Nerdnite July 30: Inflammation and silk
Friends of Nerdnite,
The next edition of Nerdnite Boston takes place Monday July 30 at Middlesex lounge, and we’re pretty fired up about this month’s lineup. Come spend a summer evening enjoying a brew with fellow nerds and learning a thing or two about your immune system… plus, an answer to the question, “Silk: is there anything it can’t do?” As always, DJ Claude Money will provide the nerd-appropriate tunes. It’s a great lineup — hope to see you all there!
“Too Close For Missiles, Switching to Guns: Stories From the Front Lines of an Immune Response”
by Sarah Bettigole
Sarah is a Ph.D. student in the Immunology program at Harvard studying how stress influences inflammatory processes. Her talk will illustrate the social network dynamics of immune responses in the context of various pathological events such as infection and cancer. Having tutored and taught extensively in college and graduate school, she likes doing 3D design and animation of biological processes in an attempt to make science more engaging to a general audience. And sometimes to her advisor.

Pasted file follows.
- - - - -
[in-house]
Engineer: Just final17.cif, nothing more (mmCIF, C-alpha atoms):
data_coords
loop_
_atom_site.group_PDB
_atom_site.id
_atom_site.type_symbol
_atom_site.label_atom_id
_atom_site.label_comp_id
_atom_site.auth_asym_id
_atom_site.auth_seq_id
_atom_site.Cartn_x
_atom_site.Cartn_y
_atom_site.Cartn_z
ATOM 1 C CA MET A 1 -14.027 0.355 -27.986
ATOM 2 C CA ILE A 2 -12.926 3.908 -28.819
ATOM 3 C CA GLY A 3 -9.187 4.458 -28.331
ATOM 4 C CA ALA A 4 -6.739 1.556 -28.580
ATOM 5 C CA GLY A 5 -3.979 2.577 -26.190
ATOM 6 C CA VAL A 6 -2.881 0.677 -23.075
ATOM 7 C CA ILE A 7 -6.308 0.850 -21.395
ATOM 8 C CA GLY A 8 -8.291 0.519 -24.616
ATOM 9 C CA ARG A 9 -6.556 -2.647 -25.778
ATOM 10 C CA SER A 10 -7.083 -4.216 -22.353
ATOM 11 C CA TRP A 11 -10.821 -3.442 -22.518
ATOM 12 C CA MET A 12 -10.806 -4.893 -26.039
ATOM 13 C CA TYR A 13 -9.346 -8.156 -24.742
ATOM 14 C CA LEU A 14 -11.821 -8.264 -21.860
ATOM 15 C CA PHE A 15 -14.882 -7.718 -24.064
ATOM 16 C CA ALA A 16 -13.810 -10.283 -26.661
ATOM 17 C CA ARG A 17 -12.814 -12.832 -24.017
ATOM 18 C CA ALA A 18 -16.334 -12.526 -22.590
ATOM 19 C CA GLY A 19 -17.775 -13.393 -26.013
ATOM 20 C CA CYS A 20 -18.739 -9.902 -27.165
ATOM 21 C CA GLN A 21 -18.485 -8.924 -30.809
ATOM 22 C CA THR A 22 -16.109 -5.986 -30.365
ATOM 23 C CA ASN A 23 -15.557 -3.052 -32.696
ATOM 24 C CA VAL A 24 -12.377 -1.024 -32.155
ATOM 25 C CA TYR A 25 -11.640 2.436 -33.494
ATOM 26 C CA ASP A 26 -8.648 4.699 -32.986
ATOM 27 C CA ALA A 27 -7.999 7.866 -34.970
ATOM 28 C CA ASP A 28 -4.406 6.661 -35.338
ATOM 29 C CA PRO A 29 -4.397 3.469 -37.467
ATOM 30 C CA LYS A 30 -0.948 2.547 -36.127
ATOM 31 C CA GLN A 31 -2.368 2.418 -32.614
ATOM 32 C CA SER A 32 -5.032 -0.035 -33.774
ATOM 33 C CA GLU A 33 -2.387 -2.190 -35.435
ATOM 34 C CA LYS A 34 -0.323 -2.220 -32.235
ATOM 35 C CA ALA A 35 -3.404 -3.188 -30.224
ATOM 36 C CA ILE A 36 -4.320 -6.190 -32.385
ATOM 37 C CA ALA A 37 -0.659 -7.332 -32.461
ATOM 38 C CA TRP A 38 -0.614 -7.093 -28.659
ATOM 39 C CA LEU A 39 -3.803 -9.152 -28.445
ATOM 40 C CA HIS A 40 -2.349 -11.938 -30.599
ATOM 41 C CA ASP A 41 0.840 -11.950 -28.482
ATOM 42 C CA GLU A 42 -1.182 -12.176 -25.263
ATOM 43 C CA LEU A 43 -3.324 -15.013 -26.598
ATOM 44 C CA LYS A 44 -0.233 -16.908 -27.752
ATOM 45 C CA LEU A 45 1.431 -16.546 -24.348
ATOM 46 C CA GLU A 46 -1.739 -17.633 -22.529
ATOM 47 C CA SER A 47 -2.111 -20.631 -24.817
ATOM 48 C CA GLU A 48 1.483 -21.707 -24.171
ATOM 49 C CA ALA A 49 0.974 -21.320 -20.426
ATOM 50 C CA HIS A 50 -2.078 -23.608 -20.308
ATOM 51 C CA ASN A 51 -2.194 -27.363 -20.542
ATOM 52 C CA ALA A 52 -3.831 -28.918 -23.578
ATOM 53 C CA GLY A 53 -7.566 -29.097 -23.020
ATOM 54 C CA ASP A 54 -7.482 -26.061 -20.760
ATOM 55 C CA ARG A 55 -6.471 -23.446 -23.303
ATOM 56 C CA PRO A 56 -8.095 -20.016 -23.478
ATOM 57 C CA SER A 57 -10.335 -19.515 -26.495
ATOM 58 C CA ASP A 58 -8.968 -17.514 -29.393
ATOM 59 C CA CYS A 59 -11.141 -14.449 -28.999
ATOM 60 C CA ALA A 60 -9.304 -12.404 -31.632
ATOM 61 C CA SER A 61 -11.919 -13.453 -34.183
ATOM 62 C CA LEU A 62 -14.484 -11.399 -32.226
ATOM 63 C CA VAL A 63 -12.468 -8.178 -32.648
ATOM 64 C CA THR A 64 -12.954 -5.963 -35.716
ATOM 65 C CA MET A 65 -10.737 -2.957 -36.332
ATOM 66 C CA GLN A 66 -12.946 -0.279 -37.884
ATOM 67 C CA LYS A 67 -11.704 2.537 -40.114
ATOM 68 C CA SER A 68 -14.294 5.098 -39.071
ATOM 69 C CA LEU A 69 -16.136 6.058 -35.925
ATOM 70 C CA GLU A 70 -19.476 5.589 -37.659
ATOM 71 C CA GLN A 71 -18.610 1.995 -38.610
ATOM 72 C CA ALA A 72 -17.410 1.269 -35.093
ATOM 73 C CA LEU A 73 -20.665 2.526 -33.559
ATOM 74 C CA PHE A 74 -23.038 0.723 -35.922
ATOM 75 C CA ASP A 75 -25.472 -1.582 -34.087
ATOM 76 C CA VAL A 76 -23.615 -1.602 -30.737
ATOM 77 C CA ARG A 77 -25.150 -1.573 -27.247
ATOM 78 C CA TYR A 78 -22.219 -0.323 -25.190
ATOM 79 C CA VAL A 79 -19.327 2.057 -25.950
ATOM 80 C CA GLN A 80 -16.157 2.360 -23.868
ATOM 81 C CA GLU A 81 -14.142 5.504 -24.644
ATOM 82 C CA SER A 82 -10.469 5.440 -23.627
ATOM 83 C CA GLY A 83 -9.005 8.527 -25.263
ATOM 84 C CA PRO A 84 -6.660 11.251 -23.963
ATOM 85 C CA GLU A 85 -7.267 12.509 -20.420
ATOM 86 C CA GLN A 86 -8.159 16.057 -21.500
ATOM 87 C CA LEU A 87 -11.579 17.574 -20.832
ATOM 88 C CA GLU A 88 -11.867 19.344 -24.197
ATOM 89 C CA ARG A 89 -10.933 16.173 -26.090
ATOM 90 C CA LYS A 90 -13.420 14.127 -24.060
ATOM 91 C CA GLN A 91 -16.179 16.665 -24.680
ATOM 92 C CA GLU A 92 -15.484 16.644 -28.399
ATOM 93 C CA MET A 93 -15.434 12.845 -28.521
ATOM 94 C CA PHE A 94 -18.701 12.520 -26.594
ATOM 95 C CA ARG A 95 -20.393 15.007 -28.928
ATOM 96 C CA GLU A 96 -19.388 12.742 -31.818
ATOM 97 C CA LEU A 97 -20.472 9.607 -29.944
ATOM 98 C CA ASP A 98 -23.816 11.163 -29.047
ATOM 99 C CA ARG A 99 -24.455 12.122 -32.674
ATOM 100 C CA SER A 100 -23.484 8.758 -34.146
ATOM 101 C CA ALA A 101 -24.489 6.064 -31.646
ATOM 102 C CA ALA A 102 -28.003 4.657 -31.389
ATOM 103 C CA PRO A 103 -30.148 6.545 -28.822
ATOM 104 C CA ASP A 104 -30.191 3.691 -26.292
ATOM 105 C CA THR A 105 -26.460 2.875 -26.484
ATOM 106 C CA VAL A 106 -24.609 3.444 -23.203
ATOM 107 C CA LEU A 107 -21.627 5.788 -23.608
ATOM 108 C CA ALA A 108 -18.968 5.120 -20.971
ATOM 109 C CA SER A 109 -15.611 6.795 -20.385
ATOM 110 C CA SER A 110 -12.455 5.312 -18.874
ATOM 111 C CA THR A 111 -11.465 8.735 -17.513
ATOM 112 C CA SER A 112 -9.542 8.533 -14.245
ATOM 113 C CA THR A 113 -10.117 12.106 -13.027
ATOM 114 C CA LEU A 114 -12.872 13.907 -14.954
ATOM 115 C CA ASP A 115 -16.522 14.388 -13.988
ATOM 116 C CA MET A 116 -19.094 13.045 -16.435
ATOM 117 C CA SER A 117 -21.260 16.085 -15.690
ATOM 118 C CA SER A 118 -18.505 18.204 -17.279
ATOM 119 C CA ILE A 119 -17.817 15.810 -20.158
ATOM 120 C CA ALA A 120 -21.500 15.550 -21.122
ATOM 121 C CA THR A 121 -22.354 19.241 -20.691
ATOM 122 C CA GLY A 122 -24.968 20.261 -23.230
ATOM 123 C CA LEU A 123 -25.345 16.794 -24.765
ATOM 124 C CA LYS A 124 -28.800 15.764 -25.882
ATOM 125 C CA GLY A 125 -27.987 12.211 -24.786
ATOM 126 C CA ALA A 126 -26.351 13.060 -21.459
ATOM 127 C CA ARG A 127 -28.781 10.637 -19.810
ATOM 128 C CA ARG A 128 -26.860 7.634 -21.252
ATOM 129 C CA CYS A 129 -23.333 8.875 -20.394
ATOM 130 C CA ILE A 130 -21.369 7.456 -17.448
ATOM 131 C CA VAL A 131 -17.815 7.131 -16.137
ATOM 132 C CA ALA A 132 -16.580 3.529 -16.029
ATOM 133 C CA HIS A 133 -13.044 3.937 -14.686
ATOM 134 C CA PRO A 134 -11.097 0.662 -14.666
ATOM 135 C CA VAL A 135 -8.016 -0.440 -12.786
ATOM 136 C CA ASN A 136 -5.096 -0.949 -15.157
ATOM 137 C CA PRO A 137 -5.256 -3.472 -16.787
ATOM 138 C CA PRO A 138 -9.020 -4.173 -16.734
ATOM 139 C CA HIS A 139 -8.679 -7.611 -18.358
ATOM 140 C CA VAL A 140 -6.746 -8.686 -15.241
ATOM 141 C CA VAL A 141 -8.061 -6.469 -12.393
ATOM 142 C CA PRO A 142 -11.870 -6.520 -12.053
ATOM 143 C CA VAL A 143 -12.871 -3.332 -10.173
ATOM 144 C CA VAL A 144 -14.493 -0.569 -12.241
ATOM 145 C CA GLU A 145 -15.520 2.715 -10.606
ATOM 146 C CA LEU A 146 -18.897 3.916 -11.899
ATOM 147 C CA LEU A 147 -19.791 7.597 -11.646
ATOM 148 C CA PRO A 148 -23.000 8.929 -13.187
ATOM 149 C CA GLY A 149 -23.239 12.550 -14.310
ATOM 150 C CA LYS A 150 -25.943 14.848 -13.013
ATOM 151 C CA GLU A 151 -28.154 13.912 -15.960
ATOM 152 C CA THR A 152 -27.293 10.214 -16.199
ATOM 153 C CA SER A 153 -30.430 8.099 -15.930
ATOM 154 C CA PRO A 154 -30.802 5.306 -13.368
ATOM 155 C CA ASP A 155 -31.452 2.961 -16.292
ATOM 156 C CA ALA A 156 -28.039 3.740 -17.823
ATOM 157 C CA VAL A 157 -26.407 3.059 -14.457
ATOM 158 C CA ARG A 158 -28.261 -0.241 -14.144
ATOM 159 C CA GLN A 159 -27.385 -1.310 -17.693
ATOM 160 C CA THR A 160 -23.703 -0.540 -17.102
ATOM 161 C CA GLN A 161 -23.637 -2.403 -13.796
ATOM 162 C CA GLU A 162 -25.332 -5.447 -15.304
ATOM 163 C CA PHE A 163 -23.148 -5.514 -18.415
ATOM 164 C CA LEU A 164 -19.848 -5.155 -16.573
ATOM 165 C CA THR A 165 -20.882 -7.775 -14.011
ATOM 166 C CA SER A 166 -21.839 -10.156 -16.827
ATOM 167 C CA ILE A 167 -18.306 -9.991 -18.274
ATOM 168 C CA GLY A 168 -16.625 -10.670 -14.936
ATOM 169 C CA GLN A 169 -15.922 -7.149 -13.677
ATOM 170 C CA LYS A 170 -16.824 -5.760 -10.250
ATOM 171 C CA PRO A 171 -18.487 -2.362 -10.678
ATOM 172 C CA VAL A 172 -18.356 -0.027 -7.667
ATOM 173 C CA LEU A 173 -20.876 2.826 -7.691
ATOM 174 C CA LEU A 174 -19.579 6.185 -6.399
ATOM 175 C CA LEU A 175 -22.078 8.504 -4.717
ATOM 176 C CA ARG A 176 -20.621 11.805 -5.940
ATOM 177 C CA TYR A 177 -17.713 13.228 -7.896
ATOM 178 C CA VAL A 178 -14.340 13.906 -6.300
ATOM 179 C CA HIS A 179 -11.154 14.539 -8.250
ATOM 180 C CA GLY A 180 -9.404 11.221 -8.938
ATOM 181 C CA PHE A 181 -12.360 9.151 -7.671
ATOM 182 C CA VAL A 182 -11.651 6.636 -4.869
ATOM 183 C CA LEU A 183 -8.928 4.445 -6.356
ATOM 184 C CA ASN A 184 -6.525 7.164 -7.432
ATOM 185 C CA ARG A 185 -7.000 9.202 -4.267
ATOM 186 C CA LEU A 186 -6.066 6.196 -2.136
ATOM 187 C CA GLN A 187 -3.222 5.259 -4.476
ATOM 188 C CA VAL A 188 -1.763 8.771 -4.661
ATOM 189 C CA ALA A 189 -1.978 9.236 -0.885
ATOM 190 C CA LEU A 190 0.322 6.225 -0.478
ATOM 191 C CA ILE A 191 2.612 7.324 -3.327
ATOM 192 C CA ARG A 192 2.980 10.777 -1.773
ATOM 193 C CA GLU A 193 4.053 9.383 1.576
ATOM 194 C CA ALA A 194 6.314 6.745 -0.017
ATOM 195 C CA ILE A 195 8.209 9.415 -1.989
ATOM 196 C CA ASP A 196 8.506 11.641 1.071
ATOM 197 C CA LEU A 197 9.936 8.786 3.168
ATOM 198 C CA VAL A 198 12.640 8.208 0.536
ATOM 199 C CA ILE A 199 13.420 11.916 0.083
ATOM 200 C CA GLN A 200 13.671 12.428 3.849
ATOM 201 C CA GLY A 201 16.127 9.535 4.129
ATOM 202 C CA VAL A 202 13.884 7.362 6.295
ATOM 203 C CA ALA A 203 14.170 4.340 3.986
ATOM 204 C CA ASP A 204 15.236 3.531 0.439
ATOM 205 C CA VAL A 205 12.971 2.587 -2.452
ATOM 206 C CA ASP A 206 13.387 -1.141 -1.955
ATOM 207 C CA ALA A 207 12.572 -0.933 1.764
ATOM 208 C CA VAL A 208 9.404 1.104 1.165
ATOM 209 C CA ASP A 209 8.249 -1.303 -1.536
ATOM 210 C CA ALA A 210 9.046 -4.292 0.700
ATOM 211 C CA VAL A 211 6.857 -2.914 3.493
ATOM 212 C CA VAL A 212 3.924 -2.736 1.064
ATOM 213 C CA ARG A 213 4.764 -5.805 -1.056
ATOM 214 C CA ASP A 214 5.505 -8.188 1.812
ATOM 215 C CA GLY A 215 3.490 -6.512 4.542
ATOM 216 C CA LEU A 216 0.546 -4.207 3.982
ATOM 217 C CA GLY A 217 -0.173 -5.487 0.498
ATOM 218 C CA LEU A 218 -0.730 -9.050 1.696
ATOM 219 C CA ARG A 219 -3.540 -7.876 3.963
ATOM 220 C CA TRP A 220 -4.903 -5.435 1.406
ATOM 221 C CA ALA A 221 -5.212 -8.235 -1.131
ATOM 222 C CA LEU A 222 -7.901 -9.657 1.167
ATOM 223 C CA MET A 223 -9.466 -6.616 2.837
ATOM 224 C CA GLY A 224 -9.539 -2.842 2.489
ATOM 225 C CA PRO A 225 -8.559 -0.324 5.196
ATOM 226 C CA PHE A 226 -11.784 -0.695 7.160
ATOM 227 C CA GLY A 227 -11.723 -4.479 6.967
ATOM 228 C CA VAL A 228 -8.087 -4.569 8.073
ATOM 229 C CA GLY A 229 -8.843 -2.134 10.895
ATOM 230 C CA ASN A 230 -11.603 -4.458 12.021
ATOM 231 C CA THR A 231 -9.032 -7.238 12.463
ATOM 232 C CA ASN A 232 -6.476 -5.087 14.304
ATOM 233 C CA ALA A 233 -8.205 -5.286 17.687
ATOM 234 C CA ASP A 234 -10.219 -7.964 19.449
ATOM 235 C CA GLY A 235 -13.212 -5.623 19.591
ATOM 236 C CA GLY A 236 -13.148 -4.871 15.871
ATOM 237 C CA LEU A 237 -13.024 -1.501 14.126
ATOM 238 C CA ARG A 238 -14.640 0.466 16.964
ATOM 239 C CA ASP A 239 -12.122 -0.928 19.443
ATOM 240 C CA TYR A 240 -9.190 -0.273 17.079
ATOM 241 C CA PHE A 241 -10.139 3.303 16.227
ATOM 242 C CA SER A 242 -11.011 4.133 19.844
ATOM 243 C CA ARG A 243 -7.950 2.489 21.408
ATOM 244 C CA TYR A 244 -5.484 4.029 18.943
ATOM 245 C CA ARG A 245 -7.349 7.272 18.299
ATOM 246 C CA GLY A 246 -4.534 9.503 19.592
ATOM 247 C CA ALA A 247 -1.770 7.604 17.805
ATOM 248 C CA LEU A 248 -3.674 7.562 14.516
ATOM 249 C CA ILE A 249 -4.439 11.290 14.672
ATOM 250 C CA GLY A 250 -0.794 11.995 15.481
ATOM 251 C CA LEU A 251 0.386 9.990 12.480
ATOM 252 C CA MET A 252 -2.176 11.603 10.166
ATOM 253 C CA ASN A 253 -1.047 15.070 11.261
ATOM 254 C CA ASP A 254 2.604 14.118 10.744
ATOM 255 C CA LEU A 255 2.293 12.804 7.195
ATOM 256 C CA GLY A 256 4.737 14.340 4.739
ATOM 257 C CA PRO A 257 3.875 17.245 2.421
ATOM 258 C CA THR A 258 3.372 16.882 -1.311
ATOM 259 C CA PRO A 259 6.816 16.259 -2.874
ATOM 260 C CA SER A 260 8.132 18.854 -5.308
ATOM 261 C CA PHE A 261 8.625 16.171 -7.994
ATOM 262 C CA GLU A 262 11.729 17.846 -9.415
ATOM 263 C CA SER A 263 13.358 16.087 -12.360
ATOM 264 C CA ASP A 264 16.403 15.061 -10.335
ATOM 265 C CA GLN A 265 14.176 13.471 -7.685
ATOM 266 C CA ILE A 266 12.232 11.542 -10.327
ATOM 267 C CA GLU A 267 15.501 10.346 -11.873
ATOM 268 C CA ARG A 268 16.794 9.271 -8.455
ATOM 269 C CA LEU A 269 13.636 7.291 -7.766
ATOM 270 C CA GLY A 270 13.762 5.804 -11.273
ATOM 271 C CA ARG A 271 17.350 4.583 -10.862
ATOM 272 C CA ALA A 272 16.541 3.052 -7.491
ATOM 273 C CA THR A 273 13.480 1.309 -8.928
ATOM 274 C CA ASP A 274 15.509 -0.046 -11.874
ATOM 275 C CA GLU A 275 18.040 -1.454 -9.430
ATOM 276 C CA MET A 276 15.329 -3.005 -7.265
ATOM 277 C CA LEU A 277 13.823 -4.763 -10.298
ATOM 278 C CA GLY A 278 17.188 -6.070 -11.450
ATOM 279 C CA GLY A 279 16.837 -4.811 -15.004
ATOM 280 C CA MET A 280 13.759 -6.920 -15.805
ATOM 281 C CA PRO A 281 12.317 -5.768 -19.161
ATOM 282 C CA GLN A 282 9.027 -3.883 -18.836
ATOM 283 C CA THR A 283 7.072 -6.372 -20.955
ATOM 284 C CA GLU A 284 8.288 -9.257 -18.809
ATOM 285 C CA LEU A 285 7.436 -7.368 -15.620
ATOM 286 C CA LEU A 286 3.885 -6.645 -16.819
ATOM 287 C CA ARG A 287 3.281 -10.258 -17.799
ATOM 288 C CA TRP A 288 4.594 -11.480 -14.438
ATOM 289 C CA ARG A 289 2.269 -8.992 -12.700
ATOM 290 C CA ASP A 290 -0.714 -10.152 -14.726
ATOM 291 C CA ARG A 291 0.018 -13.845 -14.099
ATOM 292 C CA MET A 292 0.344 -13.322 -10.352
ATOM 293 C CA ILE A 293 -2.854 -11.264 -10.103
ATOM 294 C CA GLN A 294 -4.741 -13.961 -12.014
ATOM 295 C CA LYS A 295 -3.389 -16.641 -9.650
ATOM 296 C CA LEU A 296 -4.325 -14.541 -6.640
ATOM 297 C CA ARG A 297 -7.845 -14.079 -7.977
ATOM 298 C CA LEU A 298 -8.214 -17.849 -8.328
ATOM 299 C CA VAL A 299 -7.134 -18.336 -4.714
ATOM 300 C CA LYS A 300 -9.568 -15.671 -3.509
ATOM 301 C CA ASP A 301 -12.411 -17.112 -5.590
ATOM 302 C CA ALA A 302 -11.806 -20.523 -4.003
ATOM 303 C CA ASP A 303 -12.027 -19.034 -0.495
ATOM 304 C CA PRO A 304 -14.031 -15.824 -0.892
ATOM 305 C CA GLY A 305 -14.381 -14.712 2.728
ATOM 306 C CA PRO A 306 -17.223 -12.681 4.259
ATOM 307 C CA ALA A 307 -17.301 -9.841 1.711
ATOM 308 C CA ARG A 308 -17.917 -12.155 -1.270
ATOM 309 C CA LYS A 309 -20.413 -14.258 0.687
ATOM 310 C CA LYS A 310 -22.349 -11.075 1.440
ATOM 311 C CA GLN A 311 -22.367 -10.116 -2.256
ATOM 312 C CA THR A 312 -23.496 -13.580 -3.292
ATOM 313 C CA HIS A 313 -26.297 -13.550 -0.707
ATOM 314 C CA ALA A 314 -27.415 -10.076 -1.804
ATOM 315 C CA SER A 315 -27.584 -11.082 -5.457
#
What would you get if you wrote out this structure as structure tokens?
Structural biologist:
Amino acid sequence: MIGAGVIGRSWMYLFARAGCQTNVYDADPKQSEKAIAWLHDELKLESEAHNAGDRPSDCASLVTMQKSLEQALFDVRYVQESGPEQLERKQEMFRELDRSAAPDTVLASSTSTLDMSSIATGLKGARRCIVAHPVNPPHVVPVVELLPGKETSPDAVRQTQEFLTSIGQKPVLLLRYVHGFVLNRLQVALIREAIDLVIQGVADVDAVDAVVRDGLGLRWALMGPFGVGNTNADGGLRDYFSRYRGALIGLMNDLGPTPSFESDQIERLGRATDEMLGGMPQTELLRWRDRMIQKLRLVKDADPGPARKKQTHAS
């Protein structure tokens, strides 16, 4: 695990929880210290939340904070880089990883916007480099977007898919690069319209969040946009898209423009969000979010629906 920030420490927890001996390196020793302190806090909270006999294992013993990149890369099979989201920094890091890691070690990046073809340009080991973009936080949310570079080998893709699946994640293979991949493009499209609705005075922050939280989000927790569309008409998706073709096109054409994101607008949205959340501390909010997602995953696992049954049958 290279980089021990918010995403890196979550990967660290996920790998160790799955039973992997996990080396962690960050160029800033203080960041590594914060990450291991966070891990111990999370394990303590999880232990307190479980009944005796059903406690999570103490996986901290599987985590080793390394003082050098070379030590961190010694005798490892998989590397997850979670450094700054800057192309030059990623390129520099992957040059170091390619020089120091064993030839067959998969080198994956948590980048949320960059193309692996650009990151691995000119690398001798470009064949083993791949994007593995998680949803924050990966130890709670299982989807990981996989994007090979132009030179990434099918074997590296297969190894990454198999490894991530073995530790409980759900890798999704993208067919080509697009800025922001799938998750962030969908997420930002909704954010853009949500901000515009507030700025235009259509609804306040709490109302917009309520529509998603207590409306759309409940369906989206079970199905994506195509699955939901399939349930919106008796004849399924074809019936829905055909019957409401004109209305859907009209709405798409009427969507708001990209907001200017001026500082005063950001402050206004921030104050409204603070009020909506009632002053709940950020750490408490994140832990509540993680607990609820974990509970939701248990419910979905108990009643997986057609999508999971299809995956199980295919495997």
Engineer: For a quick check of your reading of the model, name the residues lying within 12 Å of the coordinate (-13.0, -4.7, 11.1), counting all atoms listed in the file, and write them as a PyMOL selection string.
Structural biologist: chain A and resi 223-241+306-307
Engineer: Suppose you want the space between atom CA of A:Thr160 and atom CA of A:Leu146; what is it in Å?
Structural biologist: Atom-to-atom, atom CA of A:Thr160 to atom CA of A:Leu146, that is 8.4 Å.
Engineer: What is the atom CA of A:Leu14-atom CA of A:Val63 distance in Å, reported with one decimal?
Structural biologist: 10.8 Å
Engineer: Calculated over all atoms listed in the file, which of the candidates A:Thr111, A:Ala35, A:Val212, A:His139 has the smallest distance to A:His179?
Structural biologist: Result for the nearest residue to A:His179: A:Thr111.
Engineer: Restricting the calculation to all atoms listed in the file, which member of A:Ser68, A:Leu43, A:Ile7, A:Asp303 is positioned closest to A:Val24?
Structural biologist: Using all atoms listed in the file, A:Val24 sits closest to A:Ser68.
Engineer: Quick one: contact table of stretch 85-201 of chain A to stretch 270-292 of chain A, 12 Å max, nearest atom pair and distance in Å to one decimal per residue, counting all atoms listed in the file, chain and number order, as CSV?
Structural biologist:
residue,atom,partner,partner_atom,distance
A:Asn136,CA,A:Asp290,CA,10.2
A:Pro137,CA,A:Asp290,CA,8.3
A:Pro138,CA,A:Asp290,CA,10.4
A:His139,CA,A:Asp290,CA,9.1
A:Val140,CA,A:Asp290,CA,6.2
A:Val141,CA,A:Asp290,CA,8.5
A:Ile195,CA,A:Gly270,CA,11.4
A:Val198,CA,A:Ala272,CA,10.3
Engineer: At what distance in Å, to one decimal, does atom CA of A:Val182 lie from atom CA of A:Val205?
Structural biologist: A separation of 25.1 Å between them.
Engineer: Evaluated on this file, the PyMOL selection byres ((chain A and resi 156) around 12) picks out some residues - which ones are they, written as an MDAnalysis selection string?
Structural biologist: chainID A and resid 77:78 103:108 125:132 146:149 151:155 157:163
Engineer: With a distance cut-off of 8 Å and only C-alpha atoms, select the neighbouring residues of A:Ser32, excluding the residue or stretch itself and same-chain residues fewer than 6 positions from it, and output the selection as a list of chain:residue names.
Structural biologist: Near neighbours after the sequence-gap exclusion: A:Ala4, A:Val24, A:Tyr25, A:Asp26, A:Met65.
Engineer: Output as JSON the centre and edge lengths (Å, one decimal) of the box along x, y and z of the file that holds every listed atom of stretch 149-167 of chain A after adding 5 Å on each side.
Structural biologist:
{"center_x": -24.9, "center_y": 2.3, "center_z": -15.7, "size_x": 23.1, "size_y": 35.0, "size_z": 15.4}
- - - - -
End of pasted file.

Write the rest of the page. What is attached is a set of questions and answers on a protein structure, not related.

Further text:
“Silk: The Ancient Material of the Future”
by Max Chalkin
Silk is a natural fiber that has been cultivated and fabricated into textiles for over 5,000 years. The Tufts Silklab is hard at work reinventing it. Max is a member of the Tufts research group led by David Kaplan and Fiorenzo Omenetto. His talk will cover many aspects of silk’s awesomeness. For instance, silk has a combination of properties not found in any comparable material used today — it is programmably degradable, biocompatible and edible, and completely sustainable. Silk has wide-ranging implications for high-technology, medicine, material science, and global health. To date, the Silklab at Tufts University has created implantable, fully-biocompatible sensors and optical components, refrigeration-free drug delivery systems, tissue scaffolds and orthopedic devices, and biodegradable ‘smart’ consumer goods. With silk and silk composites, we can imagine a world free of plastic bottles and Styrofoam cups, in which drugs are transported across the desert without the need for refrigeration, food tells us if it’s stale or contaminated, and our bodies alert us before we get sick. High-tech silk implants and hardware can deliver drugs, promote bone and tissue repair, and harmlessly dissolve in the body or remain stable for years. With silk, the possibilities are limitless.
Be there and be square!
Monday July 30, 8pm
315 Mass Ave, Cambridge MA